Photo Credit: Matt Kartozian/USA TODAY Sports
This is a series counting down the top-10 pending UFAs. It will be posted across the Nation Network over the next month! Enjoy!
Antti Niemi is the most famous free-agent goalie available this summer and that should result in a big payday. NHL teams in need of a starter can look for a trade—and there are quality options available, reportedly in Ottawa and Vancouver—but adding free agent is merely a cap hit and that will have major appeal for many teams.
Antti Niemi has been a starting goalie in the NHL for six seasons, five with the San Jose Sharks. The club originally signed Niemi after he won a $2.75 million dollar arbitration award from the Chicago Blackhawks in 2010. Doug Wilson famously said at the time of the signing ‘we liked our goaltending yesterday, we like it even more today.” Source
Most of his time on the left coast has been positive, but his reputation took a hit during the 2014 playoffs (a heartbreaking period for the organization). His performance against Los Angeles that spring (Niemi finished with a 3-3 record in the seven-games, with a 3.74 goals-against average and .884 save percentage) probably sealed his fate with the organization.
The Sharks, with no clear alternative for the starting role in 2015-16, appear ready to move on from the 31-year-old Finn (turns 32 in August). In mid-April, Niemi expressed interest in returning to the Sharks, but GM Doug Wilson was non-committal. The situation remained that way through end of April and as of June 3 David Barclay of Bay Sports Net described negotiations as ‘virtually non-existent’ between Niemi and the Sharks. It is safe to assume the veteran will have a new address in the fall.
Antti Niemi has been an effective starter for the contending Sharks during his time in San Jose. Never close to the best goalie in the NHL, his best year may have been 2012-13 when his .924SP tied him for No. 7 overall in the category.
Niemi’s performance over the last several years has been solid-to-quality but as he ages inconsistency begins to find its way into the numbers. As you can see below, the tracking for Niemi is heading in a bad direction. (Note: Quality Start Percentage is a fascinating metric, you can read more about it via Sunil Agnihotri at the Superfan. The average QS% is .530, .600 is terrific and below .500 is thanks for coming).
Niemi is a good goalie but at 31 years old we can see the trending and it’s in that area where consistency is an issue. He could be good next season and the year after, but the bet is less sure than it was in 2010 when the Sharks signed him (and when the re-signed him the following summer).
Aging is a major consideration for goalie bets and it is shown in the following graph (again with thanks to Sunil).
Niemi is in the range where we can expect him to become less than average in quality. NHL teams have been overpaying for exactly this player forever, and if you look back at your favorite team’s performance with veteran goalies chances are you’ll be able to think of examples. It doesn’t seem intuitively correct—we’ve been told forever about the savvy veteran—but the truth is that (with a few notable exceptions) betting on goalies after age 30 is one very bad idea.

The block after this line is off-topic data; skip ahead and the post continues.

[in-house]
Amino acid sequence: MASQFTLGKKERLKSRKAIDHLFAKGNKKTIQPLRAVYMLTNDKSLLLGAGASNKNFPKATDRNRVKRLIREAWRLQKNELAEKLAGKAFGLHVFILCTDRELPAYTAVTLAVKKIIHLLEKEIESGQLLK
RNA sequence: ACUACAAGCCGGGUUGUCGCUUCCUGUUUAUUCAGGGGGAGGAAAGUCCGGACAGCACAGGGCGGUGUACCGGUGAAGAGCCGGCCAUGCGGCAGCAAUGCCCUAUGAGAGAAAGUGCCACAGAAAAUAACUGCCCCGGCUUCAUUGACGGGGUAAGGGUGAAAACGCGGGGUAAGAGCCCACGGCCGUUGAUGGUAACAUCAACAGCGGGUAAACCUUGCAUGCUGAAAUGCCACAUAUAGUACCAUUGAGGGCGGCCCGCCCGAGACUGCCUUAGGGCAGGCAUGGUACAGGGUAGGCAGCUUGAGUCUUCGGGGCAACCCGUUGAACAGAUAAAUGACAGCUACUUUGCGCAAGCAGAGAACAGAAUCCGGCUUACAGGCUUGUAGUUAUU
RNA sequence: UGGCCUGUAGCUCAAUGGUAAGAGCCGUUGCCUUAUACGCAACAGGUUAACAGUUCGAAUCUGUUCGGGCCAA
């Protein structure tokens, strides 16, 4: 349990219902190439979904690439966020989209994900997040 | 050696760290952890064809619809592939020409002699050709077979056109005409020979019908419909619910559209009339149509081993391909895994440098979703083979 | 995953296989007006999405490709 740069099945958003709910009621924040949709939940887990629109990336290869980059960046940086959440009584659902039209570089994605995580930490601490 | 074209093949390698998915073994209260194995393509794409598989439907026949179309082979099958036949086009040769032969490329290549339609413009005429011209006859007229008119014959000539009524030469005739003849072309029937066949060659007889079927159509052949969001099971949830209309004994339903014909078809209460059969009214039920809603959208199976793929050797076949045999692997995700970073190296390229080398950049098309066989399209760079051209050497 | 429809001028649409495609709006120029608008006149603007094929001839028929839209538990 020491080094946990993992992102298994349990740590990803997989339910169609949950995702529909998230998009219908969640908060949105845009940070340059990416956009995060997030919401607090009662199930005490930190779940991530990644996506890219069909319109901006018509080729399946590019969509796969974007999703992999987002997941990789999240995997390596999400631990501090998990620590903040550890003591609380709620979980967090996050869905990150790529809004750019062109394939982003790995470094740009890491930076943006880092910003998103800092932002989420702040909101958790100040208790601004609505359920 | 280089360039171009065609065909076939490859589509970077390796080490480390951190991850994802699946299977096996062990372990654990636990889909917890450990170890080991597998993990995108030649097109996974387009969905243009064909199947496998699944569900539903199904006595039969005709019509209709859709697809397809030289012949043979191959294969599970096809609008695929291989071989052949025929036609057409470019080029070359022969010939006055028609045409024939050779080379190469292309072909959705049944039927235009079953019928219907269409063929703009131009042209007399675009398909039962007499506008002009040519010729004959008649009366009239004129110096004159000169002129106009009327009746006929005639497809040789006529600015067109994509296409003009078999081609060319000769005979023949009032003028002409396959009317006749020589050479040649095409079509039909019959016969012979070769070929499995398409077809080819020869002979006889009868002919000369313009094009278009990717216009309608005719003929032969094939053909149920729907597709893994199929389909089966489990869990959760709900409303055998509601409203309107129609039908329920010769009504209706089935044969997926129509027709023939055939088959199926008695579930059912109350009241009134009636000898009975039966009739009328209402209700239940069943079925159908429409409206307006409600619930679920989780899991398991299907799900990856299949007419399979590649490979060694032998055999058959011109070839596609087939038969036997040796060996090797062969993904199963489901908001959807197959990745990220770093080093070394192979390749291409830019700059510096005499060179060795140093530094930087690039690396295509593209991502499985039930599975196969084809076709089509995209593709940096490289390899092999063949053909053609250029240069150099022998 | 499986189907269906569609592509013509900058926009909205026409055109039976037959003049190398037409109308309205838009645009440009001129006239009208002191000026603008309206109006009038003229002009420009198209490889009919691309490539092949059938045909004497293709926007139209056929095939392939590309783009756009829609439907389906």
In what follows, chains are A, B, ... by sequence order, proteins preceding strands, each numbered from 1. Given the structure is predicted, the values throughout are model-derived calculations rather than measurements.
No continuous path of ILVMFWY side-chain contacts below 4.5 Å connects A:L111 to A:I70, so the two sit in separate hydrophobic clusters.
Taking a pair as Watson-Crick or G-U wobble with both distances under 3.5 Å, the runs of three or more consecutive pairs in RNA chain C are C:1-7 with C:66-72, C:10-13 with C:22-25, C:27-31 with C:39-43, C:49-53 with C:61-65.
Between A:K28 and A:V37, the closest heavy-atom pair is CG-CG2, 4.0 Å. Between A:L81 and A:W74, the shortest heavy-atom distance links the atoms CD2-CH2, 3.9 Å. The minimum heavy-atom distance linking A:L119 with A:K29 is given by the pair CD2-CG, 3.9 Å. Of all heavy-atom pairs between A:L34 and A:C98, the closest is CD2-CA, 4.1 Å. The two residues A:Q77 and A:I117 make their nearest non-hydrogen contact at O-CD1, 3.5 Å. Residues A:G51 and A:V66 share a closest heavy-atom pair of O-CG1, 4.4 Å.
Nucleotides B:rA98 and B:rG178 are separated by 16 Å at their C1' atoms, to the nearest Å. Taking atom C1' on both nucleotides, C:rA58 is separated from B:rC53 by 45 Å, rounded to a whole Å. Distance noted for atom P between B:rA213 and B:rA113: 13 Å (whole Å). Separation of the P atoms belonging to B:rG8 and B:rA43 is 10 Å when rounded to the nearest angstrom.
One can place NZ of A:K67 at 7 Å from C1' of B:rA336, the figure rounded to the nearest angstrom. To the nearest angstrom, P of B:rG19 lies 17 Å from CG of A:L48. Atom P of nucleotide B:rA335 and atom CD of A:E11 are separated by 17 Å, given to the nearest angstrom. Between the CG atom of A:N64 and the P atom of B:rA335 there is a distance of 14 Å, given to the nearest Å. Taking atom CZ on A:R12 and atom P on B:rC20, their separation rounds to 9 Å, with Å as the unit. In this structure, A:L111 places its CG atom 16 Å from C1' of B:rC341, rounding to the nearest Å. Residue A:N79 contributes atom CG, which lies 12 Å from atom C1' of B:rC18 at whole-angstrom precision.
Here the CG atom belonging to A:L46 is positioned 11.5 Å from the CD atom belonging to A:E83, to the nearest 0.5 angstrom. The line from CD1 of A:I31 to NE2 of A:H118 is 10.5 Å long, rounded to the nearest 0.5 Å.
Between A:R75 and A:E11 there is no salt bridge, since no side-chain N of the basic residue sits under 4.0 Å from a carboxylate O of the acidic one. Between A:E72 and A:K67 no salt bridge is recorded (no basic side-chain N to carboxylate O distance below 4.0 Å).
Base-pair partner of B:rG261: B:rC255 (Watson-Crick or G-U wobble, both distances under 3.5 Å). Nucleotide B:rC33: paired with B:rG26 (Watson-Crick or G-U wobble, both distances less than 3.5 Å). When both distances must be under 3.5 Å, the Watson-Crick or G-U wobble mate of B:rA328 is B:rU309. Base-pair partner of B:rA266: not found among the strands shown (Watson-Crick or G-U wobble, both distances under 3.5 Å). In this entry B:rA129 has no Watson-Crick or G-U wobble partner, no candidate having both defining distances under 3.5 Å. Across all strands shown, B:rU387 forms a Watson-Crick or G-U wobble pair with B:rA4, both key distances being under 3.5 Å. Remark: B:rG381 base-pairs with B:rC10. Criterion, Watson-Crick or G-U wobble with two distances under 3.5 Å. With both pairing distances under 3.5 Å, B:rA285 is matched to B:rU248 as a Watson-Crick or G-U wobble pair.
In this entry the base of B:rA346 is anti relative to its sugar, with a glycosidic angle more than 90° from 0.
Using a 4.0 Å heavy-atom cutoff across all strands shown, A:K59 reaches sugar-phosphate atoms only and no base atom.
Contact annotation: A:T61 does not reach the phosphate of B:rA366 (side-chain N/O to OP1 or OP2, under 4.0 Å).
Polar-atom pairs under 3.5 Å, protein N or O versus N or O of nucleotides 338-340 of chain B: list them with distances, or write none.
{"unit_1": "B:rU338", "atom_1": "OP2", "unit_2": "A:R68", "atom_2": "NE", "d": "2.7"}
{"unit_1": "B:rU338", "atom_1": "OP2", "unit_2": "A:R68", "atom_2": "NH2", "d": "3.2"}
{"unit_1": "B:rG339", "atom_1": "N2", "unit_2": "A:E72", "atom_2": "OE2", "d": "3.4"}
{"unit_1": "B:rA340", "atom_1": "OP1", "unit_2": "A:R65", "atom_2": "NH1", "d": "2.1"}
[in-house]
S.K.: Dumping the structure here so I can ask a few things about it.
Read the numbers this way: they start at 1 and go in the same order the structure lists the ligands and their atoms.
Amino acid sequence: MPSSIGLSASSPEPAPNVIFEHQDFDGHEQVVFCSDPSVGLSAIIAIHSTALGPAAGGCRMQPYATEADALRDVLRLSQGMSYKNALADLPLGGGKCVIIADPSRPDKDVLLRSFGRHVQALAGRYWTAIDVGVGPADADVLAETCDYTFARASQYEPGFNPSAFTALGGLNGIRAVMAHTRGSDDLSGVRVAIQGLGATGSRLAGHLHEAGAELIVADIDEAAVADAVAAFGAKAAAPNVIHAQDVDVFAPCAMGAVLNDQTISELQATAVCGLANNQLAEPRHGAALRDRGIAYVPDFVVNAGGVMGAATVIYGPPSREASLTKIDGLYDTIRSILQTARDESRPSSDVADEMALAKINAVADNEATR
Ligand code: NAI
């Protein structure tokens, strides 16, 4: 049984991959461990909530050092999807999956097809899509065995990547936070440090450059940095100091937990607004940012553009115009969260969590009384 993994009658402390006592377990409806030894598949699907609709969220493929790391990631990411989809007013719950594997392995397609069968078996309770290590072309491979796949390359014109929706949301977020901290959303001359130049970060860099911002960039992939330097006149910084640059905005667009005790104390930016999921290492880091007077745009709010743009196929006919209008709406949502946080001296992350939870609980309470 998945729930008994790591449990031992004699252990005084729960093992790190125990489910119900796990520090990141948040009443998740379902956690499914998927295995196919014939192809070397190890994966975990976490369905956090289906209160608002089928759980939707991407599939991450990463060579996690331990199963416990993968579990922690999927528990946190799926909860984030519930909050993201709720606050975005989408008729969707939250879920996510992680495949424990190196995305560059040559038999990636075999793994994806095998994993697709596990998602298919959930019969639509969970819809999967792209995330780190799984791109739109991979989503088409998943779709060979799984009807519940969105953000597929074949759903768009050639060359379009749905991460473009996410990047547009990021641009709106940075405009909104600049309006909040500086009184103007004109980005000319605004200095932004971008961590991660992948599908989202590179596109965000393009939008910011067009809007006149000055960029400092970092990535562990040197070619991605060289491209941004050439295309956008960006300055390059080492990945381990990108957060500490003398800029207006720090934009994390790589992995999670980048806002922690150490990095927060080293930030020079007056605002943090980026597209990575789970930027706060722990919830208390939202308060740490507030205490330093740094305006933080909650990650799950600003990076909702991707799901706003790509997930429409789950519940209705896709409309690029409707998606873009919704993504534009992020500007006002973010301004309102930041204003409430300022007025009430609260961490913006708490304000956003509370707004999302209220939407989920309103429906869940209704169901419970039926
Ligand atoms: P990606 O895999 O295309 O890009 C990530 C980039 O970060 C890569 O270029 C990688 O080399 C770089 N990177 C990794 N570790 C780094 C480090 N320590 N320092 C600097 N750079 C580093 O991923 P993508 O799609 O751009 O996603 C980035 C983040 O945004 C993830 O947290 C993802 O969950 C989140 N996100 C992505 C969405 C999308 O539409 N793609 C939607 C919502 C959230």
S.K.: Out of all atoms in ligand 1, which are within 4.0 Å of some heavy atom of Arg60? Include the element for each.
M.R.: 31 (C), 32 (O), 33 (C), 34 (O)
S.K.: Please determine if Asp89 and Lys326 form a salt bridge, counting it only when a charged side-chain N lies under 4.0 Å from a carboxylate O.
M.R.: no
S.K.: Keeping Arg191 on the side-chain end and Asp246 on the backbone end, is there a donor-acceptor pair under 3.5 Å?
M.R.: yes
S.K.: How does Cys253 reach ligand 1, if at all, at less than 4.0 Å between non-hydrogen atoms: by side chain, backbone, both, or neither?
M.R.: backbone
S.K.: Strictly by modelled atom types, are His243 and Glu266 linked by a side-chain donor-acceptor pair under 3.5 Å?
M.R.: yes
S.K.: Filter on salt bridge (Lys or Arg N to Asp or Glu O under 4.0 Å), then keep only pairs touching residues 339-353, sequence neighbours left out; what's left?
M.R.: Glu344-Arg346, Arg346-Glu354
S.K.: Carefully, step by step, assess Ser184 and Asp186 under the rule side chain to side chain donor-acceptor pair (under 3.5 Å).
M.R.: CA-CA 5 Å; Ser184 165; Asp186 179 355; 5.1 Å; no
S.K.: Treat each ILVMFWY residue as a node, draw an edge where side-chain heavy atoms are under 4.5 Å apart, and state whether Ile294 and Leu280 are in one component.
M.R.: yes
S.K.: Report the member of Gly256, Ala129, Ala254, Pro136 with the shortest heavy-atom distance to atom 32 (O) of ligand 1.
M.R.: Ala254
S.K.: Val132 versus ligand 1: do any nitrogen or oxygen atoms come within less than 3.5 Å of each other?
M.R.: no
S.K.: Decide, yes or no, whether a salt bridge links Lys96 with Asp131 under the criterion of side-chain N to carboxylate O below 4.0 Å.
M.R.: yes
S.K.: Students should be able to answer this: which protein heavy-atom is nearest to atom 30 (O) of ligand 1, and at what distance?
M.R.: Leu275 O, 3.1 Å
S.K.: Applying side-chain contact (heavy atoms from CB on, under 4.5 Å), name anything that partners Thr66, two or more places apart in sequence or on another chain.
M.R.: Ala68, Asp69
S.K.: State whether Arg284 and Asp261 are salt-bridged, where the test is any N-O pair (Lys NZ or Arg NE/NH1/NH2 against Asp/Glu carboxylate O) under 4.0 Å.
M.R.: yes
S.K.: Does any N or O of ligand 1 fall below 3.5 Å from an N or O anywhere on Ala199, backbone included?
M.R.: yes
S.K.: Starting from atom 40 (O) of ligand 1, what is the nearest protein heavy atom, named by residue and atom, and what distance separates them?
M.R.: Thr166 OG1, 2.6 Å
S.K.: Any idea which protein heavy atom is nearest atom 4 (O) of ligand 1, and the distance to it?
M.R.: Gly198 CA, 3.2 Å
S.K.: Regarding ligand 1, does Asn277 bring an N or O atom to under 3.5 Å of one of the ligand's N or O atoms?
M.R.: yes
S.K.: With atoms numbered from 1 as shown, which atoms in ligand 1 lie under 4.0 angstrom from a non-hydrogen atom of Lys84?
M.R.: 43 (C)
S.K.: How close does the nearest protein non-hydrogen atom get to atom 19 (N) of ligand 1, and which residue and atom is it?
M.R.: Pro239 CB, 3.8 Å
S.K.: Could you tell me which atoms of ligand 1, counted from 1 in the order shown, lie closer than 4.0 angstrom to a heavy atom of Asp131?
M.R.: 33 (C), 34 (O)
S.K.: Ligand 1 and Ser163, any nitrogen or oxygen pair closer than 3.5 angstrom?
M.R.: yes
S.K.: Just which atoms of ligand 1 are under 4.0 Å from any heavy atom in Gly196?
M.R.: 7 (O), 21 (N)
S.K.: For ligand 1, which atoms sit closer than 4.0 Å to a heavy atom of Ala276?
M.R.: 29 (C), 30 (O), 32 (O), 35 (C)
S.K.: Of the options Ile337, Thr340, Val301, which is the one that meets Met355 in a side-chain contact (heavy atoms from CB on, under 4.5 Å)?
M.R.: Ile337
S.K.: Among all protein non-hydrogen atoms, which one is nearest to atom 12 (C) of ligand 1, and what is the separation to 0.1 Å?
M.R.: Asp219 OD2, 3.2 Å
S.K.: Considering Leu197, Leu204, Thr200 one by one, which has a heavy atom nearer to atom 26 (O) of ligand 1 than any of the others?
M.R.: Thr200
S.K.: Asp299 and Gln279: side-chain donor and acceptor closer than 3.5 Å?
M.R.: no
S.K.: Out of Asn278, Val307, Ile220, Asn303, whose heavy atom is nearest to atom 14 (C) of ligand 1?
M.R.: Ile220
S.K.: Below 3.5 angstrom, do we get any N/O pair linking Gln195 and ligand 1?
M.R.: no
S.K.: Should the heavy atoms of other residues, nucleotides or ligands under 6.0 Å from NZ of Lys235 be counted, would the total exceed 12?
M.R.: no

Another way of looking at things is adjusted save percentage, something Darcy McLeod from Because Oilers applied to the free agent pool recently. His work is here. Quoting Darcy from the article:
Niemi has a good track record, but his worst two years are his
last two years and he turns 32 in August. San Jose got the meat of
Niemi’s career when he was very good. Given his track record, he will
probably command both dollars and term. Its an expensive bet on good,
but declining and aging goalie. I do not like this bet at all.
Since his arrival in San Jose, Niemi has been a workhorse goaltender. Here are his Games-started totals by year with the Sharks and the overall percentage of team starts per season:
- 2010-11: 60 games (73%)
- 2011-12: 68 games (83%)
- 2012-13: 43 games (90%)
- 2013-14: 64 games (78%)
- 2014-15: 61 games (74%)
That’s a goalie getting a lot of playing time, and it helps his team because his durability means the backup goaltender can be a less expensive roster player. Niemi led the NHL in minutes played by a goalie (and wins) in 2012-13, a season that saw him finish No. 3 in Vezina Trophy voting.
It’s probably reasonable for a team to assume Niemi will get 70% of team starts in the next two seasons and he should provide his new club with average to slightly above average goaltending (specifically looking at quality starts, save percentage and durability).
The problem comes down to the contract, both in terms of dollars and term. Niemi is easily the most famous goalie on the market and as such is extremely likely to have more than one suitor.
We’re trying to find a range for Antti Niemi using the previous seasons of free agency. It’s very difficult to finding goal comparables, but I wanted to use the most prominent available examples to get a feel for the range of value.
- 2014: Ryan Miller, age 33, signed to three years, $18 million ($6 million per season)
- 2013: Mike Smith, age 34 signed to six years, $34 million ($5.67 million per season)
Niemi made $3.8 million on his last San Jose deal, chances are the team signing him will be able to secure the veteran for well under the cost of Miller and Smith. The circumstances surrounding Niemi’s free-agent summer—the lack of a championship in San Jose—will likely impact his signing number. It should be mentioned, however, that it only takes two teams to get involved in a bidding war. If that happens, Niemi could be looking at a ridiculous contract.
A team acquiring Niemi should expect to pay too much, for too long, and receive two effective seasons in return for their investment. It is extremely unwise, but for some teams the absence of alternatives clears the mind.